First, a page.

Some £8,000 spent on post-mortems for suspected victims of ‘Croydon cat killer’

Some £8,000 spent on post-mortems for suspected victims of ‘Croydon cat killer’

December 20, 2018

A police force spent more than £8,000 on post-mortems alone to find the "Croydon cat killer" – which turned out to be foxes.

Scotland Yard’s three-year probe ended earlier this year after officers concluded foxes mutilated the pets and there was, in fact, no serial killer on the loose.

At one point, 15 officers were deployed in the hunt for the culprit – the M25 cat killer – and animal activists even put up a £10,000 reward for information.

Hundreds of cats were reported to have been decapitated and dismembered in and around Croydon, south London, since November 2015.

But now the force has admitted it spent £8,100 on post-mortem examinations during the probe, codenamed Operation Takahe.

The Freedom of Information request highlights how £6,000 was spent in 2016 alone.

A further £800 was splashed out on a re-examination of post-mortem examinations in 2018.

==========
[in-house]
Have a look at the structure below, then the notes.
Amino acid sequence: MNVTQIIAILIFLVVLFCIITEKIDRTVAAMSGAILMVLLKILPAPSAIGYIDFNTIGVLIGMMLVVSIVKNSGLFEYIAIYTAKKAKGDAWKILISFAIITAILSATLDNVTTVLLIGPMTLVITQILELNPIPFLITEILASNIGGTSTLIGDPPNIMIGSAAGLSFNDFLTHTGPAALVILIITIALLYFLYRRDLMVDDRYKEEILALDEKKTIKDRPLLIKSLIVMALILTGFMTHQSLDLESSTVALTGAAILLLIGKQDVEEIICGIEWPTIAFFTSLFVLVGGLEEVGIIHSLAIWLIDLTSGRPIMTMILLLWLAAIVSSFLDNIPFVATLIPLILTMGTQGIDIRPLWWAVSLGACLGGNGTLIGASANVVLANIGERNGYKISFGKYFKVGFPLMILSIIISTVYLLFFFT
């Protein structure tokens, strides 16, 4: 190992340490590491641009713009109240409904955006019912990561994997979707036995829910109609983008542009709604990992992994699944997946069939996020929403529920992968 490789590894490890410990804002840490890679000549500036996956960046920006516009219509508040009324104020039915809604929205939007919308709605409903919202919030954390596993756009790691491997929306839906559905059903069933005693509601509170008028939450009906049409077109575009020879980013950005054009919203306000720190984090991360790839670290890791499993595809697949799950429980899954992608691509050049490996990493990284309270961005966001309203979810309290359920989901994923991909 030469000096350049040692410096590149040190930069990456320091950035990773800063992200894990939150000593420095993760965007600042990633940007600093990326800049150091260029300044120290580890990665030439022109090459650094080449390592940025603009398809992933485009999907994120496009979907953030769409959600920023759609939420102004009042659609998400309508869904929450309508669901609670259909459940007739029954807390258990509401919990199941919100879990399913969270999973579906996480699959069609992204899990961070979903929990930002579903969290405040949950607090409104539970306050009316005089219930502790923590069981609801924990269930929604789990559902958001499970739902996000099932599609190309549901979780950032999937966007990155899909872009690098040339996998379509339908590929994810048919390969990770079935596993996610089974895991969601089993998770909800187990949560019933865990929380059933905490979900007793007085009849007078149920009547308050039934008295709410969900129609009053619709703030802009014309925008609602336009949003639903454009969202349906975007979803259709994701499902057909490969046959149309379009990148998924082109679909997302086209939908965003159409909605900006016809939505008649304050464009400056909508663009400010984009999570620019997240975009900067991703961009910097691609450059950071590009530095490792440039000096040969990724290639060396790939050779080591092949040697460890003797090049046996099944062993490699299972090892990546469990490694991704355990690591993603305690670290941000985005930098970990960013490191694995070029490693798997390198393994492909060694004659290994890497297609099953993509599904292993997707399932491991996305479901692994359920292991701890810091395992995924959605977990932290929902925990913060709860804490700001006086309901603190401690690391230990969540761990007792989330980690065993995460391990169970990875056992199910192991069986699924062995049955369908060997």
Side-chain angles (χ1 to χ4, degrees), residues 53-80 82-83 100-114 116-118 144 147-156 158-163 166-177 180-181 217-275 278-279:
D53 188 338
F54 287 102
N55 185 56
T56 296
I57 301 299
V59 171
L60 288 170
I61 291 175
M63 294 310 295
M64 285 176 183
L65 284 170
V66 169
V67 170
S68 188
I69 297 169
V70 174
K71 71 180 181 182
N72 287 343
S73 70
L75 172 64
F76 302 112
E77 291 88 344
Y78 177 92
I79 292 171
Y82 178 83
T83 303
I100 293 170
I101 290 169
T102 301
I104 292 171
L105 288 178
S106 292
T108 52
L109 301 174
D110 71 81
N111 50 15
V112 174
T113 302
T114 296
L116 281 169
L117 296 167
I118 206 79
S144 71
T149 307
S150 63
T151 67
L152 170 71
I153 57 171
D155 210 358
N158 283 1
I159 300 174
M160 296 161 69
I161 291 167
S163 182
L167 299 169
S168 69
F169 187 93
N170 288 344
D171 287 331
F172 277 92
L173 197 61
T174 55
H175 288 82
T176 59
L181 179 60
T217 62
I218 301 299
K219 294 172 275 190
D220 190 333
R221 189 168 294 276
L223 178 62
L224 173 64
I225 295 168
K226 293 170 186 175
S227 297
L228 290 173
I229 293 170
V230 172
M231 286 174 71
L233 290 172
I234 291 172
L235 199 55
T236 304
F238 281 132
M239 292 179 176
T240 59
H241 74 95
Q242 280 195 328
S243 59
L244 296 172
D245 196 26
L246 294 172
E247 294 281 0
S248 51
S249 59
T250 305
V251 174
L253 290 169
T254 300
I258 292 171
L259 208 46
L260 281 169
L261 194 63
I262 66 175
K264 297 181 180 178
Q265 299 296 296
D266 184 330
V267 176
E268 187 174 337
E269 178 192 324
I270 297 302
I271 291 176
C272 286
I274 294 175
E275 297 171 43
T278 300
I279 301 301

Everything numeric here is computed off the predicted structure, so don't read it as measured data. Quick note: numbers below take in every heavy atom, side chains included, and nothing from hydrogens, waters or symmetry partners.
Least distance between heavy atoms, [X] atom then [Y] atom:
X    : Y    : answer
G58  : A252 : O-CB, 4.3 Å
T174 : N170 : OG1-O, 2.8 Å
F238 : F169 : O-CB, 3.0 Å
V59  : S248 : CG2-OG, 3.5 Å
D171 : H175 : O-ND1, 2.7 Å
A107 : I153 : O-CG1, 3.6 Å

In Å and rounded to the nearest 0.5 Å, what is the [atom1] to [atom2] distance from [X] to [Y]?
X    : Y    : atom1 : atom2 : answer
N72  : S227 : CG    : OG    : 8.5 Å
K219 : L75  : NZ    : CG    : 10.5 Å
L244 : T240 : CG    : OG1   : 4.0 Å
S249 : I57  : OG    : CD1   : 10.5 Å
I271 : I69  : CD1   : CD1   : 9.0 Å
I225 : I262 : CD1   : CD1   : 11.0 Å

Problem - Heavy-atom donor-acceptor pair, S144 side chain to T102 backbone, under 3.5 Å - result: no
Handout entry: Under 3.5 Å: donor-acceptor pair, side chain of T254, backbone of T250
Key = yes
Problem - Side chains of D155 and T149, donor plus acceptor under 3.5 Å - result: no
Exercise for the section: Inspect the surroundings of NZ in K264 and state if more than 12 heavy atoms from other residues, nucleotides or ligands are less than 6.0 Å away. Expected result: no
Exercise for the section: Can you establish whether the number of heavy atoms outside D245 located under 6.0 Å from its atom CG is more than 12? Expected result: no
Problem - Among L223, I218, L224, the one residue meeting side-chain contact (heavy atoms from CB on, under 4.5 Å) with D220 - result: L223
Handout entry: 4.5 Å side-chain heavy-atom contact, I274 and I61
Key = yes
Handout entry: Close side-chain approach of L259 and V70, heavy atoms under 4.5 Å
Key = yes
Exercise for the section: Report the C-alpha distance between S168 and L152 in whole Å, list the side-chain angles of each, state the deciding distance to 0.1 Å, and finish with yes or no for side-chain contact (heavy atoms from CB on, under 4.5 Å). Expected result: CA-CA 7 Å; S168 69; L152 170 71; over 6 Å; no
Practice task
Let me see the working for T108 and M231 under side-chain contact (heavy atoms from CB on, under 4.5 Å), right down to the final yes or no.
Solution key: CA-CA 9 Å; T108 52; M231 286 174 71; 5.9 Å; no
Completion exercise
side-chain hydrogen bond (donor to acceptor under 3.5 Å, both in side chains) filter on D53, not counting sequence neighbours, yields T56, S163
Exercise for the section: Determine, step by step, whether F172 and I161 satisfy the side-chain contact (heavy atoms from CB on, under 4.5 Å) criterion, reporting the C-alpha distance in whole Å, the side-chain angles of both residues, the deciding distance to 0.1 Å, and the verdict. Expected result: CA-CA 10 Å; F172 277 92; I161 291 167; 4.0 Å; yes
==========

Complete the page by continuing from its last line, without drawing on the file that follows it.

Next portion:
However the Met said was the cost of the laboratory only, with no charge for the pathologist’s time; and £1,300 on microscopic hair testing in 2018.

The Met estimated 2,250 police hours were spent on the probe, with two detectives and two constables on the investigation team at one stage.

But it stressed assigning officers to work on the investigation as a whole was much more efficient than having individuals on each case.

Amanda Pearson, Frontline Policing Commander, said: "The decision was made to allocate a large number of similar reports of mutilated cats to the officers who were investigating the initial spate of such allegations in Croydon. In particular, they were following up six suspicious cases identified by post-mortem examinations.

"While this increased the workload of those officers, it significantly reduced the resources that would have been required for different officers in different units to record and assess each allegation separately.

"It is this collating of reports that enabled officers to work with experts and reach the conclusion that no further police investigations are required into any of the allegations relating to mutilated cats."

In September, the force said it "took note of expert opinion" which highlighted how wildlife can be known to scavenge on roadkill, often removing limbs before dumping the corpse.

In three cases, CCTV footage showed foxes carrying cats’ lifeless bodies in their jaws.

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